We’re already seeing steps from the government to aid the phasing out of gas-powered heating, with aims to ban sales of new gas boilers from 2035 and the introduction of grants such as the Boiler Upgrade Scheme. Yet, while heat pumps appear to be the government’s favoured heating source, the rate of adoption to date is a cause for concern. Recent data shows that just 60,000 heat pumps were installed in the UK last year, which is just 10% of the government’s goal of 600,000 per year by 2028. This makes the UK one of the slowest adopters in Europe. In fact, at current rates of installation, it would take more than 400 years before every British home has a heat pump.

While it’s clear that much more needs to be done for heat pumps to become more accessible and affordable, they’re not the only alternative. We’re also likely to see increased uptake of hydrogen boilers and photovoltaics as heat sources. When it comes to heating emitters, we’re likely to see steel radiators being upgraded to larger radiators, or replaced with radiant heating sources that can heat a room at a lower temperature, such as underfloor heating. Elsewhere, double glazing will be replaced with triple or even quadruple glazing, and there will be an increased focus on insulation requirements, air tightness solutions and pipe insulation. We’re also seeing a transition to an era of modern methods of construction (MMC) and minimalism, with a recent rise in partial offsite construction to help decrease carbon emissions before buildings are even in operation.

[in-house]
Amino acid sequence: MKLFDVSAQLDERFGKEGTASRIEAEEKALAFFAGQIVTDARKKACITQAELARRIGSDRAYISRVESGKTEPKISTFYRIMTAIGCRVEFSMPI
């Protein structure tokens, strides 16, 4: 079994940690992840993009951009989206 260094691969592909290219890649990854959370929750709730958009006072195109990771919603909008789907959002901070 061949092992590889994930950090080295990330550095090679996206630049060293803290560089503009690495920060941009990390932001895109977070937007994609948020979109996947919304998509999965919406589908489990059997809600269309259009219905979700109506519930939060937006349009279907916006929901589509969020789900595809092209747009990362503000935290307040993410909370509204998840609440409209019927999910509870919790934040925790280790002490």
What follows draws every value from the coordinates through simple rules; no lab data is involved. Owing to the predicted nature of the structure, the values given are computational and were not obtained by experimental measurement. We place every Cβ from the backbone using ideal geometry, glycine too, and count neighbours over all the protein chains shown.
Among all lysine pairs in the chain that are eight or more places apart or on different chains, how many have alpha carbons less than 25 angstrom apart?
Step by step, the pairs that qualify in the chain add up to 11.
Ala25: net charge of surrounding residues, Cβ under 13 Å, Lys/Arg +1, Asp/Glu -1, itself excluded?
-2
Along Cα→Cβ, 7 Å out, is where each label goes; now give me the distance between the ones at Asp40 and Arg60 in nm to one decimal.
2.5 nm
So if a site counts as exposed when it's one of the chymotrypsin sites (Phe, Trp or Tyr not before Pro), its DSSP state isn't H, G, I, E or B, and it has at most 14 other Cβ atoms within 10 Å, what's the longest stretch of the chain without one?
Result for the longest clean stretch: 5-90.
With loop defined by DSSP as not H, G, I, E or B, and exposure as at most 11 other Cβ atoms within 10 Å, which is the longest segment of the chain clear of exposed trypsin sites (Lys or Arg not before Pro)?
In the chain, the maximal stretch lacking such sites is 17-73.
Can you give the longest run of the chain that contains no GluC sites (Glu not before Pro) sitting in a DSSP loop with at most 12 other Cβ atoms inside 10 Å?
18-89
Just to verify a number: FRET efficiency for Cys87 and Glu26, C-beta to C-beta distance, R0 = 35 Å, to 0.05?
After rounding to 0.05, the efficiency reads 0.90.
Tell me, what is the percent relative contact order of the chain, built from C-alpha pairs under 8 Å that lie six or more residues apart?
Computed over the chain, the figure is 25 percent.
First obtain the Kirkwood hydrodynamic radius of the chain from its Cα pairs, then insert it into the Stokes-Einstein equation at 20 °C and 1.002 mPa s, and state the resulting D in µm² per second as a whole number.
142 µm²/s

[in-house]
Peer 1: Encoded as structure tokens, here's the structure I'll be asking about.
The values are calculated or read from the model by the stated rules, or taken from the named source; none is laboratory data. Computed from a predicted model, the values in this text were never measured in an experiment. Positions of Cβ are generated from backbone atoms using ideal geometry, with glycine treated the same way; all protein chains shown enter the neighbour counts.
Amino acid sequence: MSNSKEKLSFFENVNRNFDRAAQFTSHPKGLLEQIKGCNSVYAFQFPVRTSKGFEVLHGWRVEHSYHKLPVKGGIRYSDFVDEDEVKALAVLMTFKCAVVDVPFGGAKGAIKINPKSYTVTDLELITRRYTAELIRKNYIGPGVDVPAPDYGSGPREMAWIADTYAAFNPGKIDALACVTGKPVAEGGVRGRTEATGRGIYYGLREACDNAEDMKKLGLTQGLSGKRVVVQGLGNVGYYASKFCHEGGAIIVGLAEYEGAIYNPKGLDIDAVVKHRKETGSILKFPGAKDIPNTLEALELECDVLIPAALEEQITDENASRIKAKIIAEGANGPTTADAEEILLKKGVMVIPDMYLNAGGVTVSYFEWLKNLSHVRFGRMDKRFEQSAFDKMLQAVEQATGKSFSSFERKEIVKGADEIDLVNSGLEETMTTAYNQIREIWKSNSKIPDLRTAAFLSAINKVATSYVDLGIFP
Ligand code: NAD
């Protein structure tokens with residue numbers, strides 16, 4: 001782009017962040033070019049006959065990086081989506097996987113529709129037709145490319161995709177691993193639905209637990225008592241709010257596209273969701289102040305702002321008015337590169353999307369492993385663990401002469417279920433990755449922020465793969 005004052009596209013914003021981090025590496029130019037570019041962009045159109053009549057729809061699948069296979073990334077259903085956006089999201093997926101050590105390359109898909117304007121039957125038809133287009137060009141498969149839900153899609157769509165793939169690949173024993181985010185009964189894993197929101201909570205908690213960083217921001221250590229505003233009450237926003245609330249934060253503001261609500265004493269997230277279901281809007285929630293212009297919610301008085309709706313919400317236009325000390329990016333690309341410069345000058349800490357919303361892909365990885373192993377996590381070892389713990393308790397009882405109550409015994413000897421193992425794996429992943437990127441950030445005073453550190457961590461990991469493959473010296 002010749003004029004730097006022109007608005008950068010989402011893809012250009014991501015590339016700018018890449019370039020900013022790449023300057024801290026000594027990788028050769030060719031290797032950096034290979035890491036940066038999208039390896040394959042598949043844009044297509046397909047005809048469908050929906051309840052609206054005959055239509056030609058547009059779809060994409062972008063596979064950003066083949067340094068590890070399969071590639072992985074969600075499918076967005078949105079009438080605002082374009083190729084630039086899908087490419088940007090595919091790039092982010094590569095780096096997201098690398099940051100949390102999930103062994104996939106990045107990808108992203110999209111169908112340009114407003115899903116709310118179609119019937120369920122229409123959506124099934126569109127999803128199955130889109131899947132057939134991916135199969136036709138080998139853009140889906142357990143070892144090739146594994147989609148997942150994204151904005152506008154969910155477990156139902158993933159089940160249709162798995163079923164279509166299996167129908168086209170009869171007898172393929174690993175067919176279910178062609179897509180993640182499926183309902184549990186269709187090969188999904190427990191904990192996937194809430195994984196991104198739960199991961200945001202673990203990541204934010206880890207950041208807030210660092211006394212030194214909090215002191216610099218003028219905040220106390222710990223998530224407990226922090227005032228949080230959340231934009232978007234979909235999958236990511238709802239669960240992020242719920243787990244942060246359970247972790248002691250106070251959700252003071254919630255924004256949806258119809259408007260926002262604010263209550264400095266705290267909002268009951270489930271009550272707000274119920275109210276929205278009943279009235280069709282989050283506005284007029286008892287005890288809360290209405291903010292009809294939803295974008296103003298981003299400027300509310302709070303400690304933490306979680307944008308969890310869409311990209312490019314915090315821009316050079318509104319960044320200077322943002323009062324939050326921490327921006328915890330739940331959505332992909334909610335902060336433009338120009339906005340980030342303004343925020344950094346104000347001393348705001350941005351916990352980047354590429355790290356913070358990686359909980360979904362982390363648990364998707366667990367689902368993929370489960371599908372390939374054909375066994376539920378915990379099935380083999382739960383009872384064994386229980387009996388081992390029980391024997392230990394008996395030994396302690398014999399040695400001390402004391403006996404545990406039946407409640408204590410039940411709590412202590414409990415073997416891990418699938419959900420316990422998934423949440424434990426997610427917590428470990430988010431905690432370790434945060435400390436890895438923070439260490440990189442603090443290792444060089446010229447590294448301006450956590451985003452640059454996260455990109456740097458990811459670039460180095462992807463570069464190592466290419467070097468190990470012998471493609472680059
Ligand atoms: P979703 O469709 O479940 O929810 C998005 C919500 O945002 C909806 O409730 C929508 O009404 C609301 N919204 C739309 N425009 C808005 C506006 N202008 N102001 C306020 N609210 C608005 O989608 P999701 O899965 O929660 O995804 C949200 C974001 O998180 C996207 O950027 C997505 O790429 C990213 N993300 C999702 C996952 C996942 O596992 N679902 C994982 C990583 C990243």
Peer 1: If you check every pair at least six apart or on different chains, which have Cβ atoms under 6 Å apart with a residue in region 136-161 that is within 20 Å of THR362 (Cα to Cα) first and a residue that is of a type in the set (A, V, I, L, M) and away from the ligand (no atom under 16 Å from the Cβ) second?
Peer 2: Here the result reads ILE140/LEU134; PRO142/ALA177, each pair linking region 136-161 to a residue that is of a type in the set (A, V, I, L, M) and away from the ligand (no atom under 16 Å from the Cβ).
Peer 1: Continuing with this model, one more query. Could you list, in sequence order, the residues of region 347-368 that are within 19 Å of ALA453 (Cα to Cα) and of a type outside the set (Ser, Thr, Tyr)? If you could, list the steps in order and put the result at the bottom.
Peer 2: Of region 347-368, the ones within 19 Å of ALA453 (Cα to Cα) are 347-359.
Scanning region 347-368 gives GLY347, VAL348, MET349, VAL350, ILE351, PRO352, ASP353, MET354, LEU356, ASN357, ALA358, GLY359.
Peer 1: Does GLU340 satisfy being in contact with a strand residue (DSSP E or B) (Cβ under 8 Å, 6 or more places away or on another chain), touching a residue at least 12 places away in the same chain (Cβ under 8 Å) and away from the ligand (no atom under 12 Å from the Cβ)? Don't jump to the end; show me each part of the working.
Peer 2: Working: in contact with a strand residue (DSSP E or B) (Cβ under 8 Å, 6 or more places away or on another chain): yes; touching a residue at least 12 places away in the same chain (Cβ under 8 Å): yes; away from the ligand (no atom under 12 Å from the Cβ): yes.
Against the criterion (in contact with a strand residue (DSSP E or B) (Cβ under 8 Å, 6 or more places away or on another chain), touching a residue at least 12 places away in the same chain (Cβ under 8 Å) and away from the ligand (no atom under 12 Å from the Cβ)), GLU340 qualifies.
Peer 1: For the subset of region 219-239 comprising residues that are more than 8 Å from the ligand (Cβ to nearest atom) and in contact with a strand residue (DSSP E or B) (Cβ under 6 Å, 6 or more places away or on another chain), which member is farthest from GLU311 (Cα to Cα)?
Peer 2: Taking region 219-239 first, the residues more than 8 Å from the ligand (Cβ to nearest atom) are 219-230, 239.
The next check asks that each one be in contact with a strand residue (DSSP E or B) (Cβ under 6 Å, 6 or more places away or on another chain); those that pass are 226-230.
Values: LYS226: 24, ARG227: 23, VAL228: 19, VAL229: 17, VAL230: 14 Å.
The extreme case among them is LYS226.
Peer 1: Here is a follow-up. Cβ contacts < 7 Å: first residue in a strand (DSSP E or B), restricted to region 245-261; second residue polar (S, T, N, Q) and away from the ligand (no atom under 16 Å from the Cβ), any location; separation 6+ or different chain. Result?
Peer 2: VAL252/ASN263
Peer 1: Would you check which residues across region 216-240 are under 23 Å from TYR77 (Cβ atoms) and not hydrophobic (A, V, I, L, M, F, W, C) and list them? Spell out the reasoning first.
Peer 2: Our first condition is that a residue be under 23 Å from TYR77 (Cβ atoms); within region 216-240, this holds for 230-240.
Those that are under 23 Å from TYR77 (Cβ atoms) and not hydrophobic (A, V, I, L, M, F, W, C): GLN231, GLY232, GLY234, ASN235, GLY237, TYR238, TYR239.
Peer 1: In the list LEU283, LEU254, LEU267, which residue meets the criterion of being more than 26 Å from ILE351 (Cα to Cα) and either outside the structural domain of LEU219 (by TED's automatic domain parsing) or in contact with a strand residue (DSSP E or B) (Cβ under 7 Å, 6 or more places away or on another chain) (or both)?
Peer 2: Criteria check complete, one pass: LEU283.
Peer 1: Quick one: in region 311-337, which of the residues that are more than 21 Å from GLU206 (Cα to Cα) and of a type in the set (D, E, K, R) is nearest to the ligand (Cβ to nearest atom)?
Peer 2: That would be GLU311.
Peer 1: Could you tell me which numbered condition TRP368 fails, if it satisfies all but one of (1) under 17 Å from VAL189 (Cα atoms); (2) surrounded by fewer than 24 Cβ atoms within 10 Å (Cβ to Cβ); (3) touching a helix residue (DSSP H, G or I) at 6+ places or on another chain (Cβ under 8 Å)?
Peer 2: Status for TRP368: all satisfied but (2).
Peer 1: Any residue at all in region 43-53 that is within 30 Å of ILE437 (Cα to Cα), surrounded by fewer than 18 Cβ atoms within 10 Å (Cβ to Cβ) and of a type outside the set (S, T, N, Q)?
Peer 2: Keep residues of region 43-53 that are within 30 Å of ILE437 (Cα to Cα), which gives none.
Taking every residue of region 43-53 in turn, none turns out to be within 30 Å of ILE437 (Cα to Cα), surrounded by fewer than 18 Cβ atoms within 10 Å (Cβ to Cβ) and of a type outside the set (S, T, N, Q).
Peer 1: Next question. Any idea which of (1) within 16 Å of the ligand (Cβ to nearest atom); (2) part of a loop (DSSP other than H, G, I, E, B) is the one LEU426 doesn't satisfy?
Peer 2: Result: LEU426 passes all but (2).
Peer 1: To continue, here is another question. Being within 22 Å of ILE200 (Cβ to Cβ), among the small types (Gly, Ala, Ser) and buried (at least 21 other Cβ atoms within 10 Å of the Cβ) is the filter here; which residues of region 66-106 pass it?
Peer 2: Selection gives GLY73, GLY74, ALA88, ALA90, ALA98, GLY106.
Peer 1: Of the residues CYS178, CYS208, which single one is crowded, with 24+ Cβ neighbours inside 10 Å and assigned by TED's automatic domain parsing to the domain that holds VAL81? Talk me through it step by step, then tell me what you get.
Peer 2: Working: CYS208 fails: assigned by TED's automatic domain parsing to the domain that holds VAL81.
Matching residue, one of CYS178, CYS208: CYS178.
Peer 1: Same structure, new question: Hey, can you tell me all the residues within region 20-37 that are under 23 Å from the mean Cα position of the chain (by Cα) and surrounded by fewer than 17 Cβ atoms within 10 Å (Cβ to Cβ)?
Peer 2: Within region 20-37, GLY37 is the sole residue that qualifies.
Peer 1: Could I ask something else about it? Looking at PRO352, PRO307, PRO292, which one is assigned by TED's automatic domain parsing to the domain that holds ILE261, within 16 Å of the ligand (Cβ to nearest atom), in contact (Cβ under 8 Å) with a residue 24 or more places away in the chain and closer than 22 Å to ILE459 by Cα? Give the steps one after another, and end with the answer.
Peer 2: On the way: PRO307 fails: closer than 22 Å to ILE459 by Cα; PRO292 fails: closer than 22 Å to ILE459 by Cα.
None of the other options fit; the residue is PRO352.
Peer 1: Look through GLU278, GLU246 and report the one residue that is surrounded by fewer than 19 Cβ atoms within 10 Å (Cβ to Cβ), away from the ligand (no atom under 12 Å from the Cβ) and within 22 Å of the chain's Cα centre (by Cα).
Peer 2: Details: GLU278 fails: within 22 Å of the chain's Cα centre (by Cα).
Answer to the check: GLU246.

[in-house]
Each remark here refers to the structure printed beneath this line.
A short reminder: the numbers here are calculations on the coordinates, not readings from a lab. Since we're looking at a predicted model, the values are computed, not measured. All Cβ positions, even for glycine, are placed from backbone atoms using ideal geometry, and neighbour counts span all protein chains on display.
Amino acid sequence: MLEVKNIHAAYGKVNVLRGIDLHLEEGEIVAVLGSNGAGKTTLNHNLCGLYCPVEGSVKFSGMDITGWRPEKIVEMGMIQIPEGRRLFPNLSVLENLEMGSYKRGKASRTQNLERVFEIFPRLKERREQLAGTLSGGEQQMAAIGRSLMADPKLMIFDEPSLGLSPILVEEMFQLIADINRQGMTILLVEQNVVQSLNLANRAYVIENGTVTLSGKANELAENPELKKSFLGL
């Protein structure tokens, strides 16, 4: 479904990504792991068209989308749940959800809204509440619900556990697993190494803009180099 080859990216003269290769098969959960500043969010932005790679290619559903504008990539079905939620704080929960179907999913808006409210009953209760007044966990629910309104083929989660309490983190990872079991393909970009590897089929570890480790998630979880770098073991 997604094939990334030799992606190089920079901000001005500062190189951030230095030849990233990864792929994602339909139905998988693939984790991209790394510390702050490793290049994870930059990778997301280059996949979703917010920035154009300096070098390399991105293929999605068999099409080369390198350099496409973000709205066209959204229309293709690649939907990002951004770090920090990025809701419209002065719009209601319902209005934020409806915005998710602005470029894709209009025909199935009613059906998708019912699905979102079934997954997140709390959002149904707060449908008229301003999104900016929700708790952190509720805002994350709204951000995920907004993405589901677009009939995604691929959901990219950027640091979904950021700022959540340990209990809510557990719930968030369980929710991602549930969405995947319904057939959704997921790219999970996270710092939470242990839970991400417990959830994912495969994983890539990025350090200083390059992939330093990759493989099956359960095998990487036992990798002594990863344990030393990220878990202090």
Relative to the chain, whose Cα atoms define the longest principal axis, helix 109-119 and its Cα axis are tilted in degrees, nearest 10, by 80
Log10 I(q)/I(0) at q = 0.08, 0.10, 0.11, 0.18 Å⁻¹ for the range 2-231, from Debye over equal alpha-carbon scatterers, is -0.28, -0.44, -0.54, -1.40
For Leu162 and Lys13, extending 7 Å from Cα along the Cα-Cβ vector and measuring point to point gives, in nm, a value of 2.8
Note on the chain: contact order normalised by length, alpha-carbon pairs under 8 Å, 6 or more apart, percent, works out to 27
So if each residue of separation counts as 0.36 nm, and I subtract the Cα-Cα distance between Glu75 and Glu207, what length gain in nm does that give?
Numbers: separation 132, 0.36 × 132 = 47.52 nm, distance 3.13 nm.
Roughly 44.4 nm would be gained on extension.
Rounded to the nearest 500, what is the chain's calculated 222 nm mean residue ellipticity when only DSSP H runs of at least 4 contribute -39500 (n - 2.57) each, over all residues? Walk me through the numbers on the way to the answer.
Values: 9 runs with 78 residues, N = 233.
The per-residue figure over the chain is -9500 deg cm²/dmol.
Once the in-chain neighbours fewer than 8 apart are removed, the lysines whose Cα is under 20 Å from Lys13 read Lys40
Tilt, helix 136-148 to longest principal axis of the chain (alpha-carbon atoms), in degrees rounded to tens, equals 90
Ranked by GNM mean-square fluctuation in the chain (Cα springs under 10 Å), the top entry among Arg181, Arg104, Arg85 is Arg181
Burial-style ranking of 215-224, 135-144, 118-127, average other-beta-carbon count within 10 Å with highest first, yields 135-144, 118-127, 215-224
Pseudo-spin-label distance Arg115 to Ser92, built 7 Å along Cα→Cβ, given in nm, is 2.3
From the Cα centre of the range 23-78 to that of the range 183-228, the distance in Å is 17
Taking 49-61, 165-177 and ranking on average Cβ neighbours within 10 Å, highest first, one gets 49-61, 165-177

Future Homes Standard and beyond: A new era for new builds

Although the future of new builds undoubtedly looks cleaner and greener, whether developments happen at the required rate to meet FHS and net zero by 2050 targets remains to be seen. And while the onus of meeting these targets doesn’t directly sit with specifiers, this will undoubtedly have implications for professionals in this role.

Significantly reducing carbon emissions across entire projects requires a greater understanding of all the areas where carbon emissions are generated and to what extent. For this, scope 3 is a widely accepted method of calculating carbon emissions. It takes into account scope 1; the emissions of the developer themselves in their day-to-day activities, scope 2; the emissions from purchased energy that the developer uses, and scope 3; the total emissions of all upstream and downstream third parties involved in the construction of a property. This includes suppliers, construction activity, and the use of the property itself for its useful life.